High School Series Part 3 – Evaluating Financial Aid Packages
December 31, 2013

Once you’ve completed your college applications, submitted your FAFSA and applied for grants and scholarships in the coming weeks (if you haven’t done so already) you’ll begin to receive acceptance letters and financial aid package offers from colleges. These can be complex and should be evaluated on a per college basis and then comparatively to see your best options for affordable schooling. 

Financial Aid by the Numbers

Because each financial aid letter will likely be quite different in format and language, you need to ensure you’re comparing apples to apples to make the best decision for your circumstances. We recommend setting up a spreadsheet to make it easier to compare without confusion – click here to download a ready to fill in/customizable Excel template (same format as the one used below).

Some letters will include only the cost of tuition and fees, while others may include all costs including tuition, fees, books, room and board. To verify that the college costs in the letter are correct, use the Chronicle of Higher Ed’s College Reality Check tool we recommended in Part 1 of this series. Some colleges may have poorly formatted letters and some may be trying to enhance the look of their financial aid offer by excluding some of the costs.

Certain types of financial aid will be the same no matter which school you choose – Pell Grant and any independent scholarships that you obtained by applying independently (i.e. not through a specific college). Some other aid will vary based on the school – FSEOG and tuition equalization grants at private schools, for instance.

Calculating Net Cost

Enter all aid listed by each school on your spreadsheet to come up with your net out of pocket cost. This should be total cost of tuition minus grants and scholarships. Do not include any financial aid offers that are listed as a loan or have the abbreviation “ln” beside them (this indicates it’s a loan). Also don’t include any work study offers in the net cost. You may not want to take this or may be able to get a better part time job off campus, so this isn’t real money you’re being offered.

Once you have the net cost, you know how much you’ll either have to pay in cash, borrow or work to contribute to pay for college. Your federal loan limit for your first year of school is $5,500 (unless you are completely independent of your parents), $6,500 for year two and $7,500 for years three and beyond. But just because you can borrow that much doesn’t mean you should. As a matter of fact, if possible, you should borrow sparsely or not at all.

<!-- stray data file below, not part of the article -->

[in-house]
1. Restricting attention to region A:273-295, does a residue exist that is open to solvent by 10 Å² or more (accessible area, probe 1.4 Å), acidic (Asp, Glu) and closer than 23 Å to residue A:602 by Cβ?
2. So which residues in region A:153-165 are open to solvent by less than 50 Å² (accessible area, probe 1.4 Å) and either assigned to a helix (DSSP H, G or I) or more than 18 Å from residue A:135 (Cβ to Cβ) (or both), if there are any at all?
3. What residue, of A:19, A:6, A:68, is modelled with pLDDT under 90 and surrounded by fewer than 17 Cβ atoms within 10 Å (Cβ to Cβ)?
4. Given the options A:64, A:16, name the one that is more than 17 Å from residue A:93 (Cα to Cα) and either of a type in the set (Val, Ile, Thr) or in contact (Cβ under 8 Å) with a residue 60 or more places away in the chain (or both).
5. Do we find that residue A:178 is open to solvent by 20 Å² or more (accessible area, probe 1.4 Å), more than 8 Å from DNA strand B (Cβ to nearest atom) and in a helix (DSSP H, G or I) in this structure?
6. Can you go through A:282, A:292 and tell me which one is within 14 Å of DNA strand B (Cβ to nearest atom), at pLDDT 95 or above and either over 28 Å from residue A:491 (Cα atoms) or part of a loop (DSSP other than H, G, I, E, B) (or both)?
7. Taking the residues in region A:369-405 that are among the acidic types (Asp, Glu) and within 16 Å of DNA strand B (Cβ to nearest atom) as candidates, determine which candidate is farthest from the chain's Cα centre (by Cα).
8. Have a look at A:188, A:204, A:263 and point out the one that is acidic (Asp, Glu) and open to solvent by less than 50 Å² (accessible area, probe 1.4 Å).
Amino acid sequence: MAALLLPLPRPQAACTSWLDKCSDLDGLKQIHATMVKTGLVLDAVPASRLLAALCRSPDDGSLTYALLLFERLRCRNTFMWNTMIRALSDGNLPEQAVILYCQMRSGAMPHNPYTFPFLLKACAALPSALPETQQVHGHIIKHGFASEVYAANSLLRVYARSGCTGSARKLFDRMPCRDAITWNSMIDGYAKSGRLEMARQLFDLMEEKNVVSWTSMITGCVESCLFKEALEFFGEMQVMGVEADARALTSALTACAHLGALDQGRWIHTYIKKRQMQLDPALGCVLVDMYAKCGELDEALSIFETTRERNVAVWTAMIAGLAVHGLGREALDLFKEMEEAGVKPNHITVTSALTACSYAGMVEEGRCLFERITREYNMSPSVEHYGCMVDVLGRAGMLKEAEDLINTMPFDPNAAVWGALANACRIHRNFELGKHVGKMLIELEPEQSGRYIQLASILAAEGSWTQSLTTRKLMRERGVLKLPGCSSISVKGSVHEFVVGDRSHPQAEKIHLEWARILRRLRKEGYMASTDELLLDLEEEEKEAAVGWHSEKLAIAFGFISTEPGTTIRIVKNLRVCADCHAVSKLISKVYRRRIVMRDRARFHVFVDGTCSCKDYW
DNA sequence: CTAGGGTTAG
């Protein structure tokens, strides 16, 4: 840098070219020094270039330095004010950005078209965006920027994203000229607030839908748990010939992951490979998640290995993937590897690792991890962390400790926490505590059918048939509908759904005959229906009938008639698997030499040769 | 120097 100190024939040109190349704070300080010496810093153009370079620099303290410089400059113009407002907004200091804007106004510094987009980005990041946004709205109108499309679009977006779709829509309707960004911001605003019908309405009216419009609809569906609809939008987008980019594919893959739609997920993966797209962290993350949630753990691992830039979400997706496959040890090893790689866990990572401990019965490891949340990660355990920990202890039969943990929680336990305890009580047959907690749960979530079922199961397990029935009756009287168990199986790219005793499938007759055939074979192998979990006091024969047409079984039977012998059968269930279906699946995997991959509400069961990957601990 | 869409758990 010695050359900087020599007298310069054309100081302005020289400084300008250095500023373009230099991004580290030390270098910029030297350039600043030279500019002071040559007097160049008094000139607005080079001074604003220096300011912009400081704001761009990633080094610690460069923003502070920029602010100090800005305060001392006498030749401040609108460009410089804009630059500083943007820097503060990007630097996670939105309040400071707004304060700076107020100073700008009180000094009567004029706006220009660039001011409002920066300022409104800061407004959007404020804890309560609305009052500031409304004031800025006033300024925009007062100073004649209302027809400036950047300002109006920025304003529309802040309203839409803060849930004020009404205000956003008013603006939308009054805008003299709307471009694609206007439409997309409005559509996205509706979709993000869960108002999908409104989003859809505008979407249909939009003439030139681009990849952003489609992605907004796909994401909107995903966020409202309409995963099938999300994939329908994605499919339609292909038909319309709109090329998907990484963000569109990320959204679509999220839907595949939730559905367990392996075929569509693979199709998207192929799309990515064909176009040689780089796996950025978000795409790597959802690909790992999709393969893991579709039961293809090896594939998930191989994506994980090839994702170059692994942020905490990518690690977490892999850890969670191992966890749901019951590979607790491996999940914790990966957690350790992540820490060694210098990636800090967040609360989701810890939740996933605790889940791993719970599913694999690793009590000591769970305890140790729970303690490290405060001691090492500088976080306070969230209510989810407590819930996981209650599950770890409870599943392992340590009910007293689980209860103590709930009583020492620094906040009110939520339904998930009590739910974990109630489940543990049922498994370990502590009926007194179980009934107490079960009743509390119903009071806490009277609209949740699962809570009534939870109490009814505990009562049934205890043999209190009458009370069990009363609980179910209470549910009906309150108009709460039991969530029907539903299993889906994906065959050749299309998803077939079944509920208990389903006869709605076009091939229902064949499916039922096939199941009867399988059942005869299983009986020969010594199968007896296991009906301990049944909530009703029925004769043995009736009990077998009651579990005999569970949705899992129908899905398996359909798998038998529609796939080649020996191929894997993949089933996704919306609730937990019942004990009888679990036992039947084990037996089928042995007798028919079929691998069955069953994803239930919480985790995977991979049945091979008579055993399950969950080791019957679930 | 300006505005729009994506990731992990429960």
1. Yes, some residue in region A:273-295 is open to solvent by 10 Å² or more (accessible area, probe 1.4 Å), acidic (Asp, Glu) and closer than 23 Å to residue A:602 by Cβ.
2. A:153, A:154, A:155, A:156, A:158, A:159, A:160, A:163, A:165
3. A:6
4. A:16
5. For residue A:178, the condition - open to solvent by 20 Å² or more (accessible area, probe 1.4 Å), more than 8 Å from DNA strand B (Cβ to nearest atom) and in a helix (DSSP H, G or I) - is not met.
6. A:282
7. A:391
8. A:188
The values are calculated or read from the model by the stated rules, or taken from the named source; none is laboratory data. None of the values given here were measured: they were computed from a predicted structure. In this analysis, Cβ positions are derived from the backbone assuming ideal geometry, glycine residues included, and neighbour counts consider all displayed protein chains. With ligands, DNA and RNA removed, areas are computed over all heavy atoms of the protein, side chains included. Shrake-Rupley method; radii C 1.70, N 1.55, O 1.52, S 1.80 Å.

The Consequences of Borrowing

If your family can’t afford to chip in for school (or they can’t chip in enough) and you max out your federal student loan limits, you’ll graduate with $22,200 if you stick to $5,500 per year. If you ride out the maximum for each year, you’ll owe $27,000. On average, graduates are $29,400 in debt when they graduate because they also take out private loans or take longer than four years to matriculate. Here’s what this means:

$22,000 equals $233 per month in student loan payments, $6,000 in interest

$27,000 equals $285 per month in student loan payments, $7,365 in interest

$29,400 equals $312 per month in student loan payments, $8,020 in interest

Some students turn to private student loans when federal loans can’t cover the cost of school, but interest rates are higher, there are no loan forgiveness options and once you graduate or leave school, there are no income sensitive payment plans to protect you if you aren’t earning a living wage. The bottom line is that you should do everything you can to avoid borrowing for school.

Tomorrow we’ll talk about making your college choice with an eye on cost/benefit and a long-term view of your financial future. For now, we invite you to sign up with Tuition.io so you can receive blog updates and if you do have to borrow, you’ll already be in our system and ready to use our free student loan tool to keep track of your debt so you don’t have any sticker shock over how much you owe by the time you graduate college.

Read all of our blog series for High School students:

High School Series Part 1 – Understanding College Costs

High School Series Part 2 – Applying for Financial Aid and Scholarships

High School Series Part 3 – Evaluating Financial Aid Packages

High School Series Part 4 – Making Your College Choice

High School Series Part 5 – Strategies to Minimize Borrowing

High School Series Part 6 – Understanding Debt: Federal vs Private Student Loans